As far as oil subsidies, this is very much exaggerated, and I’m being genuine here. Oil companies’ profits are around a penny on the dollar at the pump or otherwise, and governments make anywhere from a dime to fifty cents on every gallon. (Referring just to gasoline.) In addition, the government’s subsidies of green energy dwarf those of oil in terms of BTU generated are around 49-1.


    It appears to me that the numbers are plausible, as someone who researched energy in grad school, and worked as an economics copy editor.

    I like your writing style, even though it appears we don’t agree on all the issues. Keep up the thought-provoking writing. Sincerely, RO

  3. herkblog says:

    As to free markets being theft, my position is that there are no free markets, except for the license that I mentioned for corporations to control the markets. Free markets are usually posed as agreements between nations but consider the recent flak about GE – making $42 billion and not paying taxes. That’s because, although they’re a U.S. corporation, they are operating worldwide and purposefully moving their operations to where they will not be taxed or to where they will be taxed less.

    But look at how the markets were used, say, in South America. Go into a country that’s having financial problems and offer to make them a loan from the IMF. But attach conditions to the loan so that they must do things such as privatize their government-owned businesses. Remove restrictions against foreigners coming in to buy said assets. Now, foreign investors come in and buy off a railroad or something as if it’s a fire sale – pennies on the dollar. The asset that was paid for on the backs of the citizens and is, in theory, owned by all of them, has suddenly lost all its value and they no longer have or own the asset. Meanwhile, the corporation(s) who bought up the assets are only interested in quick profit. They raise the prices and lower the maintenance and run that asset into the ground. But they get rich in the process. A license to steal.

    This is done in areas that you may not think of – parking meters in Chicago, for example. Or water production that results in a large portion of a country unable to either obtain or afford water.

    As to your other point regarding taxation – I cannot figure out a way that modern living can be done without government-sponsored help, such as roads, bridges, levees, schools, and so on. Health care should be high on that list. Any study of the U.S. ranking in health of citizens in the modern world leaves us looking pretty bad.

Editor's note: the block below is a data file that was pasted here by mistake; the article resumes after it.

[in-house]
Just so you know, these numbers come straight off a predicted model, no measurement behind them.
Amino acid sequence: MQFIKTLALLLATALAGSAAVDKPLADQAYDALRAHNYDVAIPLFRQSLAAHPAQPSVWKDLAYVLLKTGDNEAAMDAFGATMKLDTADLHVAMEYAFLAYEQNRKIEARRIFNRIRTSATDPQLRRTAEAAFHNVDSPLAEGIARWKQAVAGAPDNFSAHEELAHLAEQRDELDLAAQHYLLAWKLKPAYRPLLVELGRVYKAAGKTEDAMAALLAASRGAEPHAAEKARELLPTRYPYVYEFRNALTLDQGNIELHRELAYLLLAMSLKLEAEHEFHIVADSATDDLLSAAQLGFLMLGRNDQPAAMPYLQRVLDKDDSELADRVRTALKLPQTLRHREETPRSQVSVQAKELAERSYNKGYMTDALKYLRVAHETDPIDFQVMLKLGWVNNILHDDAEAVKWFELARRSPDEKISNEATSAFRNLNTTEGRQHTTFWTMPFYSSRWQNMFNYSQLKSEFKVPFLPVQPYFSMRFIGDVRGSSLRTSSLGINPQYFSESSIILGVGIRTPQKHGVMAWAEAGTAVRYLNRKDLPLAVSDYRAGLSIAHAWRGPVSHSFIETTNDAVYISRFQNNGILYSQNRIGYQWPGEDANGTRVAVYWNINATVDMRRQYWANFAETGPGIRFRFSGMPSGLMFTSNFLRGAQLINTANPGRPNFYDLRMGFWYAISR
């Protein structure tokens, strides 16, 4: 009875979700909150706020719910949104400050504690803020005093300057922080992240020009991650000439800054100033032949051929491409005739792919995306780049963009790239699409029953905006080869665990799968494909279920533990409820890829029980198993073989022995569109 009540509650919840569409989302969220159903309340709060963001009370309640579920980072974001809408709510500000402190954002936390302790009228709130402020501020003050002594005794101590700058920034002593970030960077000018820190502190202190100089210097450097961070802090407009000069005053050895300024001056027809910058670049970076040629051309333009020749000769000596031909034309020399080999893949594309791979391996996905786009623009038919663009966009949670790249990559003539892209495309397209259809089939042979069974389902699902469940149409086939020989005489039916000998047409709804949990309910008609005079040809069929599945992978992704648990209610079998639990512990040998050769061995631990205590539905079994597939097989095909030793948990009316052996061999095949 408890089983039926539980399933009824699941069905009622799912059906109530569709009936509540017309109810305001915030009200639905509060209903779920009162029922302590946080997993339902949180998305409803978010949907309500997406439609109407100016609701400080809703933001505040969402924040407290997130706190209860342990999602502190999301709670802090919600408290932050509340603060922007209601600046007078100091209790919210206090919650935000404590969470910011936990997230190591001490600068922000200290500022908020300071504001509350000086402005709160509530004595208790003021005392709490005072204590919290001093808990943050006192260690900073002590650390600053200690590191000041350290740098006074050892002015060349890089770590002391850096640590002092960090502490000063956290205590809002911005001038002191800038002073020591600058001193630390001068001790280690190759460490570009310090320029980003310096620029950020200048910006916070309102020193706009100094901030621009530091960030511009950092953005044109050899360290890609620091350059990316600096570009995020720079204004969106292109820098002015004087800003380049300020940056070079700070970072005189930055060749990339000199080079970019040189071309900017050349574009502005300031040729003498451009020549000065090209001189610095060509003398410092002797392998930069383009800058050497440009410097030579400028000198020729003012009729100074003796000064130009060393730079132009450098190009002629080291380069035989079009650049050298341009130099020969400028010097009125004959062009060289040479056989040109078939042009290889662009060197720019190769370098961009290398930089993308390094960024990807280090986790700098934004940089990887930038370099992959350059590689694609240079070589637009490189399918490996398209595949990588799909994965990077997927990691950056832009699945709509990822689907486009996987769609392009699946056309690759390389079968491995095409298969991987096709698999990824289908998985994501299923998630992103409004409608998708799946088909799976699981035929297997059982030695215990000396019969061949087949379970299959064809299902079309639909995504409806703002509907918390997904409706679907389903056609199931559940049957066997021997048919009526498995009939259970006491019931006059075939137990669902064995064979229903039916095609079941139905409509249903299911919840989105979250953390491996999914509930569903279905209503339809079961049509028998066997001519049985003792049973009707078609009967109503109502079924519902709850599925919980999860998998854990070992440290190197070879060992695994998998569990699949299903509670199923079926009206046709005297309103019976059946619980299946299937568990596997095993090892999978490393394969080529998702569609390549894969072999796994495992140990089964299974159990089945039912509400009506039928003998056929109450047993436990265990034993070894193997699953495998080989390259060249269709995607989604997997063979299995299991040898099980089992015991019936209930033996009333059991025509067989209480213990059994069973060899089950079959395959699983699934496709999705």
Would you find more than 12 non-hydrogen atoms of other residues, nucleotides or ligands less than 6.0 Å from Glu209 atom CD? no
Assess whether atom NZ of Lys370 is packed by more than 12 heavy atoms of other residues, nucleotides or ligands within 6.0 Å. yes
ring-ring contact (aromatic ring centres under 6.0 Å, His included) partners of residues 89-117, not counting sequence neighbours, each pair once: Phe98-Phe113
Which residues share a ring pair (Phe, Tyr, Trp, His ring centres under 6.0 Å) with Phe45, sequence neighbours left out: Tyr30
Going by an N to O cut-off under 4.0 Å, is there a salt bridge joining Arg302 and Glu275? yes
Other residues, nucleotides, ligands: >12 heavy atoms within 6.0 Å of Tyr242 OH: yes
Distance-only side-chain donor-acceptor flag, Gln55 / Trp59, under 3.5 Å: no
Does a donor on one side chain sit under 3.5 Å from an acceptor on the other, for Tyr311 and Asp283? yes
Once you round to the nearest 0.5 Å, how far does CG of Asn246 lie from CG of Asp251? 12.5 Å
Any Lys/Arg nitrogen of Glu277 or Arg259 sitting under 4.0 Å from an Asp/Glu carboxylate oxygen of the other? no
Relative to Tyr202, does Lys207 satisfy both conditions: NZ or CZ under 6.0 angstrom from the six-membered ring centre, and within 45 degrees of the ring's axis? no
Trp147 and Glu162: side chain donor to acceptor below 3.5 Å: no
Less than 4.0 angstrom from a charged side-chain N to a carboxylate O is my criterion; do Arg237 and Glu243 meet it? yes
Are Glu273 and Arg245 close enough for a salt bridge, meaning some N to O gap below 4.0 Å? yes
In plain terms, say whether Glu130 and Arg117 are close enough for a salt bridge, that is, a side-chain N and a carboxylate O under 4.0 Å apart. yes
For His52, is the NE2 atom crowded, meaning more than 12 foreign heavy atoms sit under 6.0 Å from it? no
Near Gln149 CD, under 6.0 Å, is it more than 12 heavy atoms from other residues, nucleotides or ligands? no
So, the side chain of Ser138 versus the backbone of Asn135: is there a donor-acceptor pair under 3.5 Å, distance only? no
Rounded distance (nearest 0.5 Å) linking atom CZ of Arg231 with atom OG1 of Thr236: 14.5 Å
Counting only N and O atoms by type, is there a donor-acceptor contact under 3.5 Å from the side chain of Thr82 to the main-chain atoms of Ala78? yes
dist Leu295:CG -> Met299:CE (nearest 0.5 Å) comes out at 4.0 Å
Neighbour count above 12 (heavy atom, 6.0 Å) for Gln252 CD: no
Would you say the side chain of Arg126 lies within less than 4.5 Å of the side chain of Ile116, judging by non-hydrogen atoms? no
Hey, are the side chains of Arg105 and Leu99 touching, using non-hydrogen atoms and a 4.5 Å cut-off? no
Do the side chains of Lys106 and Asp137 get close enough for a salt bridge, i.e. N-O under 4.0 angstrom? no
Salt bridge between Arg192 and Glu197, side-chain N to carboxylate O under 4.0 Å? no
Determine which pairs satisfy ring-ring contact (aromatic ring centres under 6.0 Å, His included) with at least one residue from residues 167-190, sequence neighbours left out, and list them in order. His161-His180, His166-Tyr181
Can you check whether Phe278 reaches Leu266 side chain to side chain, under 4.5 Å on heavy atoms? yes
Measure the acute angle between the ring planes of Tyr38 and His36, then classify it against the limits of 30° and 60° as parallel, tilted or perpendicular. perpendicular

And none of that can be done without paying for it, hence taxes. Those taxes at the gas pump are traditionally called “road taxes” because that’s where the money used to be spent. I do not know how much of it, if any, still goes to that. But you can’t use roads without wearing them out.

    And privatization of such things is ludicrous.

    There’s a trend now for broke cities and states to sell off assets to foreign investors, such as the aforementioned parking meters in Chicago. The problems that arise from such foreign ownerships are many and very damaging. Consider first of all that such things are turned into profitable ventures. The Reaganite idea that business can do things more efficiently than government is nonsensical since the primary goal of business is profit – and since the robber barons are once again in charge, the sky’s the limit, especially when the asset in question is a monopoly situation – no one else, for example, can come into Chicago and compete in parking meters. Does that sound like free market to you? The irony is that the city of Chicago could easily have made more money with the meters without giving them away to a foreign country, and in the long run it will cost them, not benefit them.

    When Reagan bluntly described the government as the villain he may have been right – government can be a very dangerous thing – particularly when it’s run by corporate shills.